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Bad Religion get fixed

Like their pop-punk forefathers, the Ramones, Bad Religion carved a distinct niche in the rock landscape early in their career and haven’t altered the formula much in their 20 years together. Which makes the flurry of change surrounding their new The Process of Belief (Epitaph) significant — even if the band’s trademark melodic buzz remains intact. The big news is that guitarist/songwriter Brett Gurewitz, who started Bad Religion in the early ’80s with singer Greg Graffin and bassist Jay Bentley, is back in the fold for the first time since ’94, when they released their best-known disc, Stranger Than Fiction (Atlantic). The new album also finds the band back on Gurewitz’s legendary punk label, Epitaph, after five discs on Atlantic. With new drummer Brooks Wackerman aboard to replace the departed Bobby Schayer, Brian Baker (the former Minor Threat guitarist who joined after Gurewitz’s departure) sticking around, and long-time guitarist Greg Hetson still on board, the supercharged Bad Religion are heading out on a tour that’ll stop at Avalon next Thursday.

This happy reunion didn’t come out of nowhere: the seeds were sown a year ago, when Gurewitz co-wrote and played on a song from the band’s The New America (Atlantic). At the time, he wasn’t exactly thrilled with the way things turned out. "Todd Rundgren was producing, and I don’t think his spin on it was what I would have done," he explains over the phone from Epitaph headquarters in LA. "I like a lot of stuff on that record, I just don’t like what happened with my song. The following year, Greg [Graffin] and I were having lunch, and he said, ‘That was fun doing the song. What do you say we collaborate on a whole record together?’ I said, ‘That sounds like fun, but can I be involved as an equal creative participant? If I’m gonna write half the songs and we’re really gonna collaborate intensively, I’d like to be involved in the playing, the recording, and the arranging.’"

Gurewitz and Graffin ended up producing the album themselves, and Gurewitz calls it "by far the most fulfilling thing I’ve done in the last seven years." The opening "Supersonic" finds the band at their hardest and fastest, a vibe that persists for much of the disc. "Maybe I was pandering to our fans a little bit, which I don’t think is the worst thing to do, because we really owe our existence to them," says Gurewitz. "One thing I hear a lot is that kids really love the aggressive stuff, so I wanted to make sure the record had a good offering of that type of stuff."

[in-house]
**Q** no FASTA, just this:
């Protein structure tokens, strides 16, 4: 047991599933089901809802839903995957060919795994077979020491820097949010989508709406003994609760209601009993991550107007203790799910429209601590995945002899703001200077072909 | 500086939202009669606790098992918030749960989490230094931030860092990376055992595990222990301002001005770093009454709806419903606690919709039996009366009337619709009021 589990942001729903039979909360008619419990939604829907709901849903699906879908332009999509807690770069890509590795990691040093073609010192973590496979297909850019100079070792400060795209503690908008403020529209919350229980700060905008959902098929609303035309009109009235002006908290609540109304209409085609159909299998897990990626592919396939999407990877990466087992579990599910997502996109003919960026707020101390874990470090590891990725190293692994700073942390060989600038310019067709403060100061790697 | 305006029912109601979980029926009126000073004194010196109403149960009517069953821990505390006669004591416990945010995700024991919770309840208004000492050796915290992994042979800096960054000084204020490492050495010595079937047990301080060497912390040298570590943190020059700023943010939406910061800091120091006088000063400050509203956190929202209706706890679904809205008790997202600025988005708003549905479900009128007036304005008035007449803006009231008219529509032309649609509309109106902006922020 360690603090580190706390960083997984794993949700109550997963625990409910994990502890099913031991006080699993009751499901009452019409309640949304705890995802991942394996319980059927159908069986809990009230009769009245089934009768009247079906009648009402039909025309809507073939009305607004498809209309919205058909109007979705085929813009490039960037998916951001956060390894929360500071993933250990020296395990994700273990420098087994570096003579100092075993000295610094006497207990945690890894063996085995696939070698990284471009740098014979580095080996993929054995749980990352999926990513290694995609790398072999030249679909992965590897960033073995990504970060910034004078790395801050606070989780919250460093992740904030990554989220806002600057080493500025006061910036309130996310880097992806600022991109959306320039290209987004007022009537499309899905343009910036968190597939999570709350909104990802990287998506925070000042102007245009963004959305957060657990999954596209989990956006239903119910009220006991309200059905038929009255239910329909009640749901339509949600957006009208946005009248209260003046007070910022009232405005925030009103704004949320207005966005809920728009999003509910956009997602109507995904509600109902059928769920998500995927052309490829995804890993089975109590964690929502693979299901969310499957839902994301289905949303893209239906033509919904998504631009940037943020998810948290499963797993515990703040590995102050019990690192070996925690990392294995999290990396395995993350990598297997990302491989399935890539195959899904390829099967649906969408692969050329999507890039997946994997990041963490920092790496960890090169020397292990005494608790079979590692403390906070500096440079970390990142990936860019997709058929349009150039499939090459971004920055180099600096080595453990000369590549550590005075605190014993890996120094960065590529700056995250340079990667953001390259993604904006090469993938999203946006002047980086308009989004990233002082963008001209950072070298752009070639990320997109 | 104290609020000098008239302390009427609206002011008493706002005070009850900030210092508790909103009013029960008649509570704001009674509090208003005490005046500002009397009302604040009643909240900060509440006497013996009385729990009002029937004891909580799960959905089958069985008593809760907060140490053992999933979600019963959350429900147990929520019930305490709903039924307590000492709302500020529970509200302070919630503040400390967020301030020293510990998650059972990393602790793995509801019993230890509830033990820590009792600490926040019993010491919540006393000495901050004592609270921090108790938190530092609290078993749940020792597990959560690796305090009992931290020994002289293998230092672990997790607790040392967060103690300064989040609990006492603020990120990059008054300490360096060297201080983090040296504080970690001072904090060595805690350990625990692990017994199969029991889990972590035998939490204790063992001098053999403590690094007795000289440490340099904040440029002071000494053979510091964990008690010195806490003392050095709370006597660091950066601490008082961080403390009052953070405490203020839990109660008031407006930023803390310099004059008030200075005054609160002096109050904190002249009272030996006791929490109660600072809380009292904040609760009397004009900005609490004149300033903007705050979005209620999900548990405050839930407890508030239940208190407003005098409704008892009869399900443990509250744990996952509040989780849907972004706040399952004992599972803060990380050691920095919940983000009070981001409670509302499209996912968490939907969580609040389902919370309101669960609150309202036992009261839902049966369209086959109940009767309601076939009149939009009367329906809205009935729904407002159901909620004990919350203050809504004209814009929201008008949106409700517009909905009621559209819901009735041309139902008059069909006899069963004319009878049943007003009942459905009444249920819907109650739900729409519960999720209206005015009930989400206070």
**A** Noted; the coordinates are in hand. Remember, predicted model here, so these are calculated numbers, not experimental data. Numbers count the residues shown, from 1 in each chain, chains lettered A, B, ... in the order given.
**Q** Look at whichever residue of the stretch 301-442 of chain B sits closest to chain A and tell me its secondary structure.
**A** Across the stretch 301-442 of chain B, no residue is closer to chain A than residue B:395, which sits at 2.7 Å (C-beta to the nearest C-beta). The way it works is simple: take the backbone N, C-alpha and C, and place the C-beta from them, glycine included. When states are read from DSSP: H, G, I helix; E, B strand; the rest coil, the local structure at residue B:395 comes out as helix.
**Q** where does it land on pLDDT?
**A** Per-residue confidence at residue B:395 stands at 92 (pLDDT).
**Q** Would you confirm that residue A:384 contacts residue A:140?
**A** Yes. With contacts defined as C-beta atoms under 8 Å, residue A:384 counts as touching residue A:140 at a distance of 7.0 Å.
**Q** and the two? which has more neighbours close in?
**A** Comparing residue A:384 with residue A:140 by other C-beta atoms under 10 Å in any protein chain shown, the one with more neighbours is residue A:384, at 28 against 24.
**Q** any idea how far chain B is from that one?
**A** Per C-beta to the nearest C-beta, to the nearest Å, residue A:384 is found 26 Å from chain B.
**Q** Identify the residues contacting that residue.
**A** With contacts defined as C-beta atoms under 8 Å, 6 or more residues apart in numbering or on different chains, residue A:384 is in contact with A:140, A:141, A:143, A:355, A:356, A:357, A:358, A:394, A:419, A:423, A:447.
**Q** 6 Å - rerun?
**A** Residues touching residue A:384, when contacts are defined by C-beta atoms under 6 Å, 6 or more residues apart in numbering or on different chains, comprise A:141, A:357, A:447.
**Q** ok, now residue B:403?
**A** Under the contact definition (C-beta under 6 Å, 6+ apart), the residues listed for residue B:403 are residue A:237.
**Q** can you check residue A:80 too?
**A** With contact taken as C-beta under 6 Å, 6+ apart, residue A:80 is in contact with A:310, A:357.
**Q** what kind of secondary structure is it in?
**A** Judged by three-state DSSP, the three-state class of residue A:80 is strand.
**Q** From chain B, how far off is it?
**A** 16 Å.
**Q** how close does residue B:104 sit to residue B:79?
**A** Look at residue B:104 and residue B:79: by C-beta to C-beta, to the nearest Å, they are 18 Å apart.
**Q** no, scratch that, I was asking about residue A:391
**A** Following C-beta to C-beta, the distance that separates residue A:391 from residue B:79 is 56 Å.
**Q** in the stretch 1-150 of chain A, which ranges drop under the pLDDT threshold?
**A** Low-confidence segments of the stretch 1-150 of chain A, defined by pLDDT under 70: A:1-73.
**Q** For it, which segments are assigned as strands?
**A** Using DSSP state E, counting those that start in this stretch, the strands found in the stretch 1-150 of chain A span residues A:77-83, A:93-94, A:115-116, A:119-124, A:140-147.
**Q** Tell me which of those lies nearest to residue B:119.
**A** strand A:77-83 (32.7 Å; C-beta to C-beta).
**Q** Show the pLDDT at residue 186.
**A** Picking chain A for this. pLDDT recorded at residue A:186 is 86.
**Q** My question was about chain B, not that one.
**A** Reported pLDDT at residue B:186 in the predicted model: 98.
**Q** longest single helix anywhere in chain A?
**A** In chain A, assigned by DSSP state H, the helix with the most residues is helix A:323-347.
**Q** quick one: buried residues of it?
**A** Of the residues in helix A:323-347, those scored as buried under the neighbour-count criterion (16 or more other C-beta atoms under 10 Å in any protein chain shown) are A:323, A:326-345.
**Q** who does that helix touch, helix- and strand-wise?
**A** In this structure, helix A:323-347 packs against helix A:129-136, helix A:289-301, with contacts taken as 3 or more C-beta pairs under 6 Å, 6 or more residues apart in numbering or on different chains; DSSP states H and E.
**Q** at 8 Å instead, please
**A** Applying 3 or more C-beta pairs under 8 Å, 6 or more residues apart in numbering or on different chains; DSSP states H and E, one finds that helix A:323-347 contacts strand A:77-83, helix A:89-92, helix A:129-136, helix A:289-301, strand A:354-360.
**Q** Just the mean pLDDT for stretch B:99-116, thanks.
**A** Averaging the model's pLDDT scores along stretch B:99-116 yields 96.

Gurewitz originally quit the band so he could devote all his energies to Epitaph, which exploded in ’94 with the release of the multi-platinum Offspring album Smash. Around the same time, he also fell into a Behind the Music–worthy struggle with heroin. "Yeah! ‘Bad Religion, Behind the Music. Brett’s struggle with chemical dependency was much like Leif Garrett’s,’ " he says mockingly, imitating the voice of the show’s narrator. "Did you ever see the Leif Garrett one? Fuckin’ amazing."

He gets serious, however, when it’s time to tell the actual story. "I’ve struggled with chemical dependency my whole life. I got clean for the first time on April 14, 1987, and I was clean for almost eight years. It was during that eight-year period that I had the most productive time of my life. I grew my band, I wrote a hundred songs, I signed successful bands, I grew Epitaph. Everything I’m kind of known for all happened during that period. Somewhere around ’94, I had this sudden and unexpected good fortune. My entire label was just exploding. I became the wunderkind of the music industry. What happened is that I didn’t really handle it very well. It really was the last thing I was expecting, and I relapsed."

Gurewitz’s drug problem eventually landed him in LA County Jail on a possession rap; he avoided a six-month sentence by agreeing to spend a year in a residential treatment center, where he got clean. "For me, that looked like a very good deal, next to six months in LA County Jail with all the crips and bloods. I’m telling you, it was a scary place, man." The experience inspired the album’s first single, "Broken," which slows things down to arena-rock tempo and showcases the group’s lush vocal harmonies. "That song is a direct result of my experience of coming back, getting back on my feet this time. I was accused by a loved one of being ‘broken.’ I guess the point of the song is really that our flaws are what make us human. They don’t detract from our humanity."

Bad Religion play Avalon next Thursday, March 14. Call (617) 423-NEXT.

Issue Date: March 7 - 14, 2002
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